Flood waters receding a little.
Today mostly involves mountain biking from the top of Doi Suthep with a couple of californian vegan lesbians….
Pretty hairy ride to the top in the back of an overloaded pick-up truck with a crazy driver. Bikes equally lacking any efforts towards health and safety.
Wet, slippery, muddy, dangerous but very entertaining ride down dirt roads and a bit of single track through the forest and jungle. Not a challenging ride on a good bike, but on such poorly maintained pieces of junk it was quite tricky. At least two participants crashed, simply because the bikes were so crap.
Recover with an hour of swimming practice in the hotel pool, before heading out to enjoy more of Chiang Mai’s nightlife.
The most happening place in a very quiet town…
Chiang Mai is bigger than I expected, but relaxed and much more modern than Vietnam. Spectacular Buddhist temples of gold and red with orange robed monks, and I forget my camera battery… mobile phone isn’t really up to the job.
The place seems very quiet. It’s still too early for your average backpacker to be out on the town, but all the bars and restaurants are empty.
Flight went as planned, and from the air I didn’t see any suggestion of flooding. On the ground it’s a different story. The area around the river is flooded, and the river is very high. More rain and it will spill over the walls and make things very difficult.
The hotel I picked is in the flooded zone near the river. If I had chosen one in the old town, I’d be able to get around in the dry, but this one was a good deal and had good reviews. I don’t mind having to wade through the floods to get into the town, just as in Siem Reap, and it won’t be a total loss if it gets worse and I’m stuck in the hotel, which has a pool and a restaurant, but I’m really hoping I’ll be able to get to Chiang Kong on Sunday and continue the trip.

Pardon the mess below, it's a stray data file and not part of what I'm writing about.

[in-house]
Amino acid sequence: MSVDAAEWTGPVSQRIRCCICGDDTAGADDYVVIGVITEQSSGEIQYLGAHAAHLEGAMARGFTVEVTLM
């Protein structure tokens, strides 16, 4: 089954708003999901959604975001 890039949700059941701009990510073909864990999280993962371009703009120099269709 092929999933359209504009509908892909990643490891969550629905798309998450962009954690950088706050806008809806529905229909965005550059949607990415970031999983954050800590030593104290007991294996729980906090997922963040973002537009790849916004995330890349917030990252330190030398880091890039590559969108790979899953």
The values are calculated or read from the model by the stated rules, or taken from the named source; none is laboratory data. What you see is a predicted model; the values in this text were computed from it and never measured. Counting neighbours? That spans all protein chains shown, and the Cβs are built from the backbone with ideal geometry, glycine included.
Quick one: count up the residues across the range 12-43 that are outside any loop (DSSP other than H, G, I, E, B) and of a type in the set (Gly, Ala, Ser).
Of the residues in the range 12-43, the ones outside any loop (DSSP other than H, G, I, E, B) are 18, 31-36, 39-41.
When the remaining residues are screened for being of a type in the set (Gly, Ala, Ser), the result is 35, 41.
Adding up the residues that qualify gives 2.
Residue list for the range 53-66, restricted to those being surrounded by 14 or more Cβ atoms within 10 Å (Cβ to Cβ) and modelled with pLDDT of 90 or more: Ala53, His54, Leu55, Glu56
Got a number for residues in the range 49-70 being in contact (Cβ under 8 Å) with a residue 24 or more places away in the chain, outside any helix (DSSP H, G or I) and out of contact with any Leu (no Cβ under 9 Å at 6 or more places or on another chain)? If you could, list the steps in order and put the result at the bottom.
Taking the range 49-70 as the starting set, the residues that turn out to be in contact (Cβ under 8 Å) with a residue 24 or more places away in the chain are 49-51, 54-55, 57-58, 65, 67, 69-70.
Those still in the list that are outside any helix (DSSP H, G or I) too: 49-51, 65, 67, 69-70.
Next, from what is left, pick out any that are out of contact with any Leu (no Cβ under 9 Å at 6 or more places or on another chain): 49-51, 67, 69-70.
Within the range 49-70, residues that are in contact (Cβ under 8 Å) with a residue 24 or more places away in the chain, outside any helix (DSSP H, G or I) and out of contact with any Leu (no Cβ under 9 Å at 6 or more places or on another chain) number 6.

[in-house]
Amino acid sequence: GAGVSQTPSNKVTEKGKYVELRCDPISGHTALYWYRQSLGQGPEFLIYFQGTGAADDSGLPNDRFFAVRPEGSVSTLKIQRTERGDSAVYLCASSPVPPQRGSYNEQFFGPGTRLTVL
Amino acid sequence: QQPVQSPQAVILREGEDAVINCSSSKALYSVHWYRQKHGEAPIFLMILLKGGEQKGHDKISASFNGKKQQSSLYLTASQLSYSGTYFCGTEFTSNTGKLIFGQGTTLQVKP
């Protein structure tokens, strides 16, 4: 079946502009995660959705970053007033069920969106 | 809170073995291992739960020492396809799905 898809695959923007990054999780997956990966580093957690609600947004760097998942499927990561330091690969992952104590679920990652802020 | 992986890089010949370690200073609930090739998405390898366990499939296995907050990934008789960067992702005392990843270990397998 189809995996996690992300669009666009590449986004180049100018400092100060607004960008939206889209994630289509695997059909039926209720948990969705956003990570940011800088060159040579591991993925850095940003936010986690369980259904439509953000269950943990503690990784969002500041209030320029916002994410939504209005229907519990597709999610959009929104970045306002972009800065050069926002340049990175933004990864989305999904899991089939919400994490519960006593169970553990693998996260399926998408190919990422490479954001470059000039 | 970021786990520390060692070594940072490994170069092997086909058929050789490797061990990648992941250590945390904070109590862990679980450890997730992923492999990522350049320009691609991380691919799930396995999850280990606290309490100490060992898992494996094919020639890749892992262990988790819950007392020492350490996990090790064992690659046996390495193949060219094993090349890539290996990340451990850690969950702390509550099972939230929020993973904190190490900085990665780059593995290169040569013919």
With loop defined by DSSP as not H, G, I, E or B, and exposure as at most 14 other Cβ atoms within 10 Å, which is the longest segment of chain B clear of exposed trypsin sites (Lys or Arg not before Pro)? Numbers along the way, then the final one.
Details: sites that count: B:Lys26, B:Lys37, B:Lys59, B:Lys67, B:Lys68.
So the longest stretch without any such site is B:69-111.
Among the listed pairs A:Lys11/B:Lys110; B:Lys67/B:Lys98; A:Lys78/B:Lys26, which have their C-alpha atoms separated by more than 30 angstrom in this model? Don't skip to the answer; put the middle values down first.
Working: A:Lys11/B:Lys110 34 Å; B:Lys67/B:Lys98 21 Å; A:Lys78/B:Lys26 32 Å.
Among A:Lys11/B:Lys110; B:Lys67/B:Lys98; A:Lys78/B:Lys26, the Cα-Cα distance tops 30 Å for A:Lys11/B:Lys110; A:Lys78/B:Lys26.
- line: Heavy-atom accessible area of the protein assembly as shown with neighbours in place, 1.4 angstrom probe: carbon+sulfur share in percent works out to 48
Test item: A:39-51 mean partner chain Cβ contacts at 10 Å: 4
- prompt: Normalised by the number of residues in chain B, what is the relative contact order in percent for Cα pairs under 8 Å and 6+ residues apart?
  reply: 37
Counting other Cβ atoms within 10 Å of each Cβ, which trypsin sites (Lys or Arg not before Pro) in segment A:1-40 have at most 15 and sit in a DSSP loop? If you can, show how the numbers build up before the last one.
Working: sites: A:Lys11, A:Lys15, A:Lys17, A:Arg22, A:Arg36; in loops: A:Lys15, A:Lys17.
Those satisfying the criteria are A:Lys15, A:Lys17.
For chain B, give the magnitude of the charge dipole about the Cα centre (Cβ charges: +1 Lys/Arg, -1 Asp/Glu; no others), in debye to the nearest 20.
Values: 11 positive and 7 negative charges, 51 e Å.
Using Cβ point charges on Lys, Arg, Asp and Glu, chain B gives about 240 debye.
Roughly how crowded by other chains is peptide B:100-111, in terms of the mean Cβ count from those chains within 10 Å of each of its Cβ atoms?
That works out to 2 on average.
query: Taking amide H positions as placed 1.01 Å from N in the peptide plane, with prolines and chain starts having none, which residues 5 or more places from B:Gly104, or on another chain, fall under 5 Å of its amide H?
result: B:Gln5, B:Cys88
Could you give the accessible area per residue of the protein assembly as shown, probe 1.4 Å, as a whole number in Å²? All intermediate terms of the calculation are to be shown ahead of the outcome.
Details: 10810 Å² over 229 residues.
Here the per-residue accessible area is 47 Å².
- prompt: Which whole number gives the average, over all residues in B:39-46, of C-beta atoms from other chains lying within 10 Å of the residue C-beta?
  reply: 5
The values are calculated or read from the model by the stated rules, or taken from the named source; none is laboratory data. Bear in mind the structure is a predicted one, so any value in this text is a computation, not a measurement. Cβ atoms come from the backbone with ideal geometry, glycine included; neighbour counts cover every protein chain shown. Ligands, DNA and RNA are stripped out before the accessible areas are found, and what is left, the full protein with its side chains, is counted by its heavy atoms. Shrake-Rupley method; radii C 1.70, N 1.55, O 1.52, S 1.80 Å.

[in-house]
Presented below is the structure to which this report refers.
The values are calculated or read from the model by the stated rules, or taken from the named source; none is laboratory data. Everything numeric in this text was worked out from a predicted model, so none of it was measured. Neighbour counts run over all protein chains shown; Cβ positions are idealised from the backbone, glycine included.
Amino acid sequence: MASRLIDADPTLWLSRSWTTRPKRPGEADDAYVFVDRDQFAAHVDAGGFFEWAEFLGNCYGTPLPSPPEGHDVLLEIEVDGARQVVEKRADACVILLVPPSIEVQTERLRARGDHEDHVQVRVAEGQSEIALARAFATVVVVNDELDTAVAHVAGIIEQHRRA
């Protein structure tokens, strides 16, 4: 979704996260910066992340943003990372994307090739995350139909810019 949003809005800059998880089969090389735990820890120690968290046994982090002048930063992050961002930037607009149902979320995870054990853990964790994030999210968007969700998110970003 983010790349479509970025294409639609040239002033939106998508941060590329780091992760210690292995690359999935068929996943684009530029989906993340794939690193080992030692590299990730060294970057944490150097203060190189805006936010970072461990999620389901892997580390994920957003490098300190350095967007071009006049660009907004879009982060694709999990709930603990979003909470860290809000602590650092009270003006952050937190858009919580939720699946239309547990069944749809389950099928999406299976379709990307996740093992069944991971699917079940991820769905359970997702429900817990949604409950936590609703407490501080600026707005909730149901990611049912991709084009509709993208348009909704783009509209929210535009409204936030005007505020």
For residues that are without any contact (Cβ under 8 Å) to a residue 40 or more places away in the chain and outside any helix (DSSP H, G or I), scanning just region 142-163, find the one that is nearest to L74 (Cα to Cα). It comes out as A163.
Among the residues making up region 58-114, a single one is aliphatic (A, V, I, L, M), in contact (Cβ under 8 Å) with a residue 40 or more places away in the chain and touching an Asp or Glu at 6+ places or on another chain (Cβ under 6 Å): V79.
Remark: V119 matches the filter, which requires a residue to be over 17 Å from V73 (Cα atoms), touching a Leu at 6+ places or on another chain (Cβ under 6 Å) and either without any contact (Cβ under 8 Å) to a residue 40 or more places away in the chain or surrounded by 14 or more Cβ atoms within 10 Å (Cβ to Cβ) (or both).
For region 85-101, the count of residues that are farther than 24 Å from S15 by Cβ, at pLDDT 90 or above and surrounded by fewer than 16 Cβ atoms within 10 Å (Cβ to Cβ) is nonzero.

Meanwhile, I’m hoping there are still enough areas above water to be able to have some fun.
PP isn’t anywhere near as manic and frenzied as Vietnamese cities. It’s big and sprawling, the streets are wide, there are more cars than bikes but it still seems quiet. There are traffic lights, and drivers mostly pay attention to them. Crossing the road is easy compared to Vietnam. There’s a higher frequency of “you wan tuk tuk? Lady massage? Boom boom? Weed?”, and they don’t stop following you and asking over and over even after the tenth “no thank you”. There is an obvious group of rich and powerful (ie corrupt), driving around in expensive Range Rovers, Audis, Mercs and Lexi. The museum is compact and bijou, but has some interesting artifacts. The royal palace is closed. Huge numbers of western back packers, all looking and acting exactly the same. It’s not a particularly interesting place to visit, but there is a good night life and decent food to be found along the river front. It seems like the sort of place you’ll get the best of only if you stay for a long time and settle into the local lifestyle, like all the NGO workers, teachers, and sex tourists seem to be doing.
I’ve heard reports of bad flooding in Thailand, with hundreds dead. It’s hard to get clear information, but the airlines, hotels and tour operators I have bookings with all say Chiang Mai is ok, and so is the route from there to Laos and Luang Prabang. I’ll find out for myself tomorrow… At least it’s not raining here today.